NOAA & DOE competition for renewable ocean observing platforms

NOAA & DOE competition for renewable ocean observing platforms
12019 / Pixabay

NOAA and Energy Department announce competition to power ocean observing platforms with renewable energy

Prize builds on efforts to spur U.S. innovation

Today, NOAA, along with the U.S. Department of Energy (DOE), announced a $3 million prize competition to generate innovation in marine renewable energy-powered ocean observing platforms. The Powering the Blue Economy™ Ocean Observing Prize will draw upon American innovators to accelerate technology development through a series of contests to demonstrate renewable energy-powered ocean observing platforms.

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“The United States is a leader in developing next-generation marine renewable energy technologies,” said Under Secretary of Energy Mark W. Menezes, speaking at OceanObs’19 in Hawaii. “This Ocean Observing Prize will demonstrate how marine energy technologies are uniquely suited to power the systems that collect data to expand our understanding of the ocean.”

“Ocean-based scientific instruments provide data critical to our understanding of the environment that benefits public safety and our economy,” said Neil Jacobs, Ph.D., acting NOAA administrator. “This prize will help spur technological innovation so our next generation of ocean observing instruments have the power they need to deliver more high quality and timely ocean data over a longer period of time.”

A NOAA Chesapeake Bay Interpretive buoy uses cell phone and internet technology to share in real-time the Bay’s weather and water conditions with the public. Solar panels keep the buoy’s batteries charged, which provide power for the observing sensors and transmission capabilities. (NOAA)

The Ocean Observing Prize is the second prize challenge under DOE’s Powering the Blue Economy initiative, a portfolio of projects that explores self-sufficient applications of marine renewable energy to power desalination, ocean observing, and offshore aquaculture, among others.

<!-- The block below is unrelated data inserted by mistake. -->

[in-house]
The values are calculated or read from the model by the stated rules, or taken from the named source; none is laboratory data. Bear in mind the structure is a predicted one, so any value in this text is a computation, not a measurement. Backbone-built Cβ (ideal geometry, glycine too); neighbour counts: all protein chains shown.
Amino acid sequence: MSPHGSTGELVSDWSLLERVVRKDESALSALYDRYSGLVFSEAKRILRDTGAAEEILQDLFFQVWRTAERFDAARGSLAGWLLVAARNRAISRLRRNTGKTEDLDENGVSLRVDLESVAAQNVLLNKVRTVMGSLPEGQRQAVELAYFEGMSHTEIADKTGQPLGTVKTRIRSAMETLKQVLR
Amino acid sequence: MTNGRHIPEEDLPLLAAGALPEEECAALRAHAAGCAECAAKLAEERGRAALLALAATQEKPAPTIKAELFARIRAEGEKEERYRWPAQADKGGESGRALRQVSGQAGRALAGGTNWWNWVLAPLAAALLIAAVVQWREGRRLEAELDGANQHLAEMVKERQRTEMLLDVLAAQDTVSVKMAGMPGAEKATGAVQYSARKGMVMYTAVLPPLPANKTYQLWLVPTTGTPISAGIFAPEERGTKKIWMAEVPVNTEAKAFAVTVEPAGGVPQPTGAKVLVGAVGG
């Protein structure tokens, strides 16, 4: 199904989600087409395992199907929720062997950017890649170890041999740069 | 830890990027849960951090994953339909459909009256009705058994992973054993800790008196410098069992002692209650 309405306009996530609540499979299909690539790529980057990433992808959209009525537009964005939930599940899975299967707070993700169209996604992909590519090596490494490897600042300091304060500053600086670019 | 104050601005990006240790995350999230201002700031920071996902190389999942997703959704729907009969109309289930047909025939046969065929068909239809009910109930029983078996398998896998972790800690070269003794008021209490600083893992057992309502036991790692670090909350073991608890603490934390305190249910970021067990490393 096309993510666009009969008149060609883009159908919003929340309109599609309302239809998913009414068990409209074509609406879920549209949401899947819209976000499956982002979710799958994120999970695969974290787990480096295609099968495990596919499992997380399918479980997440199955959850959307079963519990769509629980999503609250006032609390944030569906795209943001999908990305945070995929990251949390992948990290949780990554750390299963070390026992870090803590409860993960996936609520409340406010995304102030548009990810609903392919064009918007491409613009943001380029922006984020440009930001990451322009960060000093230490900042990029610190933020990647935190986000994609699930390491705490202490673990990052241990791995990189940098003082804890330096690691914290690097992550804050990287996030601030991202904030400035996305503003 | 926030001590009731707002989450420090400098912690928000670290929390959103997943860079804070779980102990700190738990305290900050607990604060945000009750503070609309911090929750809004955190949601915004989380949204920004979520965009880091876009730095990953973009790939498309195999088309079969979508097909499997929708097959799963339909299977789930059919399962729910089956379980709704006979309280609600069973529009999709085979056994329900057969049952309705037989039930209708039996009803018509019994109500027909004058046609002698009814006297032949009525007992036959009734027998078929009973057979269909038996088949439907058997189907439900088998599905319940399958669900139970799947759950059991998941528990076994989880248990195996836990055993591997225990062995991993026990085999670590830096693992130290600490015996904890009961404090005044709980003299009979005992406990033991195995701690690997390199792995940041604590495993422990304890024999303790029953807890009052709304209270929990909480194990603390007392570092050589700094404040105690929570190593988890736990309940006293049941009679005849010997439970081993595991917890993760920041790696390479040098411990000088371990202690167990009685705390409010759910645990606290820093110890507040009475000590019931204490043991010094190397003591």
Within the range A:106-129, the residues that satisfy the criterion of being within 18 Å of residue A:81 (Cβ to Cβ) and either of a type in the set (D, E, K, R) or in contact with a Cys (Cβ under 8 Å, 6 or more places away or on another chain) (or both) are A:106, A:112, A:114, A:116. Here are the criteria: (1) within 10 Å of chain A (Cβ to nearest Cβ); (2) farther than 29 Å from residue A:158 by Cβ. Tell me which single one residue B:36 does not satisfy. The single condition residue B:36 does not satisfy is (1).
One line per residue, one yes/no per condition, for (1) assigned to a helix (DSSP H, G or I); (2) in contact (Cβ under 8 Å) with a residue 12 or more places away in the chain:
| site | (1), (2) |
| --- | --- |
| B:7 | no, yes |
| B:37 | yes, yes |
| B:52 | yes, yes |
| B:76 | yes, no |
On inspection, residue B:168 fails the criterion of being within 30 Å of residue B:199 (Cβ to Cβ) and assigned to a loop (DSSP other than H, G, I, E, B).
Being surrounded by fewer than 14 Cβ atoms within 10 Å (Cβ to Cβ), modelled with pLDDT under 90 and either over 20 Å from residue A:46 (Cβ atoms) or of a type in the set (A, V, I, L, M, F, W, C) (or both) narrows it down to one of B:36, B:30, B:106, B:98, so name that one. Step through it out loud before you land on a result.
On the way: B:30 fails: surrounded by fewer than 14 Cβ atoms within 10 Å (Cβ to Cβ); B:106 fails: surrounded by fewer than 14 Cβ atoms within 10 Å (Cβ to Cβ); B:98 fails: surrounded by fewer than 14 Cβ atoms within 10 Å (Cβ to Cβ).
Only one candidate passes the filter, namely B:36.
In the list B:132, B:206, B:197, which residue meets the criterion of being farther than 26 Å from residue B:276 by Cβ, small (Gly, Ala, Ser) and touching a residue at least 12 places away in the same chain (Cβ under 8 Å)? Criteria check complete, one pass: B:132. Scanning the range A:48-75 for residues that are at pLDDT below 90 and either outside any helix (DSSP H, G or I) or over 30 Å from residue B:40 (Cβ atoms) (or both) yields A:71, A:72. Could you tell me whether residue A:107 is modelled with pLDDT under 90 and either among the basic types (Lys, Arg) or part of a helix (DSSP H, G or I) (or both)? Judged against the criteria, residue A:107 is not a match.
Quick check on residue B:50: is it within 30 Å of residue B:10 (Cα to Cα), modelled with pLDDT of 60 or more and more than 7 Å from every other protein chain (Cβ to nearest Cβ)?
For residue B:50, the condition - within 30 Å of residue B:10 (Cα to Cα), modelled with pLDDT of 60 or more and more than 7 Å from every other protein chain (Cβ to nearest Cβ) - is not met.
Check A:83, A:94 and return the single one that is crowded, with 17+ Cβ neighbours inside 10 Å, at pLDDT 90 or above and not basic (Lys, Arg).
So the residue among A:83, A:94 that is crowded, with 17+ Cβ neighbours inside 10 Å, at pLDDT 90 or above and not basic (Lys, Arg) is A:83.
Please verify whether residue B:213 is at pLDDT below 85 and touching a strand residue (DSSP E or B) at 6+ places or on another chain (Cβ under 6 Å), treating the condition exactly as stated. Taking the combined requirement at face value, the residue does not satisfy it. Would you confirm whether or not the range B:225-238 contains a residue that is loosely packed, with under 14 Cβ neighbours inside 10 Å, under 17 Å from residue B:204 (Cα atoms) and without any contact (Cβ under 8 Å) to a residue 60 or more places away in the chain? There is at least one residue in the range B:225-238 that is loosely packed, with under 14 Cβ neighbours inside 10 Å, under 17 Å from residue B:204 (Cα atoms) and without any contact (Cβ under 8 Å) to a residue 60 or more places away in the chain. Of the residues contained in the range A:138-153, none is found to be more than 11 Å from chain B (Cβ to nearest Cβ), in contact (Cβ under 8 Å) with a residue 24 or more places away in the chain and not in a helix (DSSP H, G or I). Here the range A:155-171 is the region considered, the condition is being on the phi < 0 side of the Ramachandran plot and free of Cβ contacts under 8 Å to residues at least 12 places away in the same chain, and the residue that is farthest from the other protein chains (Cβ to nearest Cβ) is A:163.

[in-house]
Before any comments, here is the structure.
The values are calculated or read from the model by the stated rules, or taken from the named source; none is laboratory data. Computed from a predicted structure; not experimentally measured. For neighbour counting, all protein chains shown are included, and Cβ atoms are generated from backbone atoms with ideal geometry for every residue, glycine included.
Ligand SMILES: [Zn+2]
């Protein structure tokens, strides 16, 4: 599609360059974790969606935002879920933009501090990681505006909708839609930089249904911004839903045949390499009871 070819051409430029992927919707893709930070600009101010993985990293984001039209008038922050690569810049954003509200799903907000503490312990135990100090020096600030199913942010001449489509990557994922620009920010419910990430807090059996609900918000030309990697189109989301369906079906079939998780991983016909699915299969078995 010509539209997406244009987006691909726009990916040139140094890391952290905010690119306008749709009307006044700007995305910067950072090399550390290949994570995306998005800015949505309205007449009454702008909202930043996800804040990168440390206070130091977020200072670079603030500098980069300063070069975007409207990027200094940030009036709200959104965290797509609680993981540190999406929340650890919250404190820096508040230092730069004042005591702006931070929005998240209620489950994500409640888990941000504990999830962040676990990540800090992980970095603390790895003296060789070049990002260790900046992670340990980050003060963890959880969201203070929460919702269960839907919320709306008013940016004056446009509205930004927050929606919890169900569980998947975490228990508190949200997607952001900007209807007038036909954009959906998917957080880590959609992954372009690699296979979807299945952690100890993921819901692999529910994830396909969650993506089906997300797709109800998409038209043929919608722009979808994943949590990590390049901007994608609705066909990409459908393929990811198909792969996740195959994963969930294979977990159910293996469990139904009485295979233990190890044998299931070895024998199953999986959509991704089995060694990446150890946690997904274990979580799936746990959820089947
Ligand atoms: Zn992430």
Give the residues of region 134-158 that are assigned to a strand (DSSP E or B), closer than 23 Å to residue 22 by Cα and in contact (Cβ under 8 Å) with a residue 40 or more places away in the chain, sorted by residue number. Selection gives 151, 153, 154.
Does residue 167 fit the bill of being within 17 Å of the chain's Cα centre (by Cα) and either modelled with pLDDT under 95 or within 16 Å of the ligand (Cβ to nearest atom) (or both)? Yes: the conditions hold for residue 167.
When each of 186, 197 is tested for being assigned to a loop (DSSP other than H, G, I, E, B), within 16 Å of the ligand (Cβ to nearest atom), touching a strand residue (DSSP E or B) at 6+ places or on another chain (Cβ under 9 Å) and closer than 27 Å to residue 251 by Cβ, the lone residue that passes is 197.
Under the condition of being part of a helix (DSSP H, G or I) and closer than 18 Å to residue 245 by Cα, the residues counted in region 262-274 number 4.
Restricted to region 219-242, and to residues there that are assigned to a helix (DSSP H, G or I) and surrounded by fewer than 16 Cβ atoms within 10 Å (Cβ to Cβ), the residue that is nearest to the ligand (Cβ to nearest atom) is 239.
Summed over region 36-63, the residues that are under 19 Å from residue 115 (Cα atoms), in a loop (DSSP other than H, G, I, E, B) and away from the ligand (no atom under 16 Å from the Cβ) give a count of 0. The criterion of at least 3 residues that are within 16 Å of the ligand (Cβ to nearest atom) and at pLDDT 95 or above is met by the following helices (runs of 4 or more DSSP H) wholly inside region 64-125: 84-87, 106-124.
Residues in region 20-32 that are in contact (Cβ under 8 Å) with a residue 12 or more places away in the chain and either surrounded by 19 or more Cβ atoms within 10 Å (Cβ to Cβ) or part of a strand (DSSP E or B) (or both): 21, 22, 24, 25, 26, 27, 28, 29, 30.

The Ocean Observing Prize will provide innovators a pathway from concept to design to construction, with two separate competitions and prize awards during each phase. The first competition—“Ideation”—will solicit novel concepts that pair ocean observing technologies with marine energy systems to address five broad themes: charging unmanned systems; communications and underwater navigation; extreme environments; buoys, floats, and tags; and innovative ideas. The prize will then have follow-on “Design” and “Build” competitions to bring innovators’ ideas to reality.

The prize is led by the Office of Energy Efficiency and Renewable Energy Water Power Technologies Office at DOE and NOAA’s Integrated Ocean Observing System program. The Ocean Observing Prize is administered by the National Renewable Energy Laboratory on the American Made Challenge platform. This prize builds on the success of DOE’s Waves to Water prize, which aims to demonstrate small, modular, cost-competitive desalination systems that use the power of ocean waves to provide clean drinking water for disaster recovery and for remote and coastal communities.

Learn more about the Waves to Water Prize here, and other WPTO prizes here.

NOAA’s mission is to understand and predict changes in the Earth’s environment, from the depths of the ocean to the surface of the sun, and to conserve and manage our coastal and marine resources. Join us on Twitter, Facebook, Instagram and our other social media channels.

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Jacob Wolinsky is the founder of, a popular value investing and hedge fund focused investment website. Jacob worked as an equity analyst first at a micro-cap focused private equity firm, followed by a stint at a smid cap focused research shop. Jacob lives with his wife and four kids in Passaic NJ. - Email: jacob(at) - Twitter username: JacobWolinsky - Full Disclosure: I do not purchase any equities anymore to avoid even the appearance of a conflict of interest and because at times I may receive grey areas of insider information. I have a few existing holdings from years ago, but I have sold off most of the equities and now only purchase mutual funds and some ETFs. I also own a few grams of Gold and Silver
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